Efficacy of a Low-Cost, Heat-Stable Oral Rotavirus Vaccine in Niger
Matar Seck, A
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AbstractBackground Each year, rotavirus gastroenteritis is responsible for about 37% of deaths from diarrhea among children younger than 5 years of age worldwide, with a disproportionate effect in sub-Saharan Africa. Methods We conducted a randomized, placebo-controlled trial in Niger to evaluate the efficacy of a live, oral bovine rotavirus pentavalent vaccine (BRV-PV, Serum Institute of India) to prevent severe rotavirus gastroenteritis. Healthy infants received three doses of the vaccine or placebo at 6, 10, and 14 weeks of age. Episodes of gastroenteritis were assessed through active and passive surveillance and were graded on the basis of the score on the Vesikari scale (which ranges from 0 to 20, with higher scores indicating more severe disease). The primary end point was the efficacy of three doses of vaccine as compared with placebo against a first episode of laboratory-confirmed severe rotavirus gastroenteritis (Vesikari score, ≥11) beginning 28 days after dose 3. Results Among the 3508 infants who were included in the per-protocol efficacy analysis, there were 31 cases of severe rotavirus gastroenteritis in the vaccine group and 87 cases in the placebo group (2.14 and 6.44 cases per 100 person-years, respectively), for a vaccine efficacy of 66.7% (95% confidence interval [CI], 49.9 to 77.9). Similar efficacy was seen in the intention-to-treat analyses, which showed a vaccine efficacy of 69.1% (95% CI, 55.0 to 78.7). There was no significant between-group difference in the risk of adverse events, which were reported in 68.7% of the infants in the vaccine group and in 67.2% of those in the placebo group, or in the risk of serious adverse events (in 8.3% in the vaccine group and in 9.1% in the placebo group); there were 27 deaths in the vaccine group and 22 in the placebo group. None of the infants had confirmed intussusception. Conclusions Three doses of BRV-PV, an oral rotavirus vaccine, had an efficacy of 66.7% against severe rotavirus gastroenteritis among infants in Niger. (Funded by Médecins sans Frontières Operational Center and the Kavli Foundation; ClinicalTrials.gov number, NCT02145000 .).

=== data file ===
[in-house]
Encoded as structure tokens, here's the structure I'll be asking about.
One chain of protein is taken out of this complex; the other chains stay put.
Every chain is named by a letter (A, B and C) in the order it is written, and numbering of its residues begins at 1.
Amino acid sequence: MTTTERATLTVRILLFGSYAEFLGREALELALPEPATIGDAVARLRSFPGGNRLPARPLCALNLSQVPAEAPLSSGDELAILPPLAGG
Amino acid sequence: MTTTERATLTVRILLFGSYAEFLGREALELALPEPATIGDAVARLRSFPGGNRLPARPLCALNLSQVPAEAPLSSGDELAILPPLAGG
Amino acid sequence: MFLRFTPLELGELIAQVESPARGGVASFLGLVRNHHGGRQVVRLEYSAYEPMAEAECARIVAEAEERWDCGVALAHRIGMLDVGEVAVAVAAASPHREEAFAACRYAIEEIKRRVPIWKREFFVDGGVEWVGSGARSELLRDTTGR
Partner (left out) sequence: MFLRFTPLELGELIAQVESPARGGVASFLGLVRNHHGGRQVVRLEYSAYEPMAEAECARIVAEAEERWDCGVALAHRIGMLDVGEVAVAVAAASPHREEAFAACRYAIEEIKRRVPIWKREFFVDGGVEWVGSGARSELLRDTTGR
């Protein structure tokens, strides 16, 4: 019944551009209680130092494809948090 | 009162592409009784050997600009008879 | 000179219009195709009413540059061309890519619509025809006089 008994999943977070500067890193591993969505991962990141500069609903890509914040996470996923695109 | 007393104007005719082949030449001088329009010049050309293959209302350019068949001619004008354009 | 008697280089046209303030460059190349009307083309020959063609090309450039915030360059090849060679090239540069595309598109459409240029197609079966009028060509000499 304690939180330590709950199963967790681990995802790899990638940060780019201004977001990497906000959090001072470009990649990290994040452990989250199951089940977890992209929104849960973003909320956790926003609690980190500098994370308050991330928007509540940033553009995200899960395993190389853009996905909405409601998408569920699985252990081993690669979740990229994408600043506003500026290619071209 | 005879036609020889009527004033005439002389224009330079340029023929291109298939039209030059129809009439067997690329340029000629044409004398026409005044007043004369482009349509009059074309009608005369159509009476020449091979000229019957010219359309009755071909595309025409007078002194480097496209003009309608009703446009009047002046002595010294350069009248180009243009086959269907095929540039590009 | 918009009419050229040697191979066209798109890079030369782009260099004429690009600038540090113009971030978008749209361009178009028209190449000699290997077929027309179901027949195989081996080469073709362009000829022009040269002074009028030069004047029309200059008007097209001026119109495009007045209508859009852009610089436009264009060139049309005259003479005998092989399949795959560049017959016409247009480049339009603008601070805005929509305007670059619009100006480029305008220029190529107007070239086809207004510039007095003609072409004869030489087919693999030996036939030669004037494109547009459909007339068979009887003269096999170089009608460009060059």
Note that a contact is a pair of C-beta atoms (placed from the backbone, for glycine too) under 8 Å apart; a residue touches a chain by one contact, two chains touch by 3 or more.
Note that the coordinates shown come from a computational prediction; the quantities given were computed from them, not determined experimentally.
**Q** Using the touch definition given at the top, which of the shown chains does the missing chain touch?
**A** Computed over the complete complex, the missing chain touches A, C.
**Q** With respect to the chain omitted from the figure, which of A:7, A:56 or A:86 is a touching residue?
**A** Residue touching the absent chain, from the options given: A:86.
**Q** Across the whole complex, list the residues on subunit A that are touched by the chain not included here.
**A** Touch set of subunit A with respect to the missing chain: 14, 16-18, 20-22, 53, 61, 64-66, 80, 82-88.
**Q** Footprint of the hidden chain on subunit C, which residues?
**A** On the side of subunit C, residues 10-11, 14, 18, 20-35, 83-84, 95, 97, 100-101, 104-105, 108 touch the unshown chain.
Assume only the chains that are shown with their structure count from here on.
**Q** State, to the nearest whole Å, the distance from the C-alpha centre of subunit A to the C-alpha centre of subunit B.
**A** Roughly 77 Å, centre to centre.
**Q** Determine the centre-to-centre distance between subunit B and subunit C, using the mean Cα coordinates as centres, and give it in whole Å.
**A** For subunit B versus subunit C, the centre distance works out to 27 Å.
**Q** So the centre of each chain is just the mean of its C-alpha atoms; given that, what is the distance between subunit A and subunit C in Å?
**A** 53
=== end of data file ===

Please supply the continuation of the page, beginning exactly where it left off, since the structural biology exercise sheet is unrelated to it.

PublisherMassachusetts Medical Society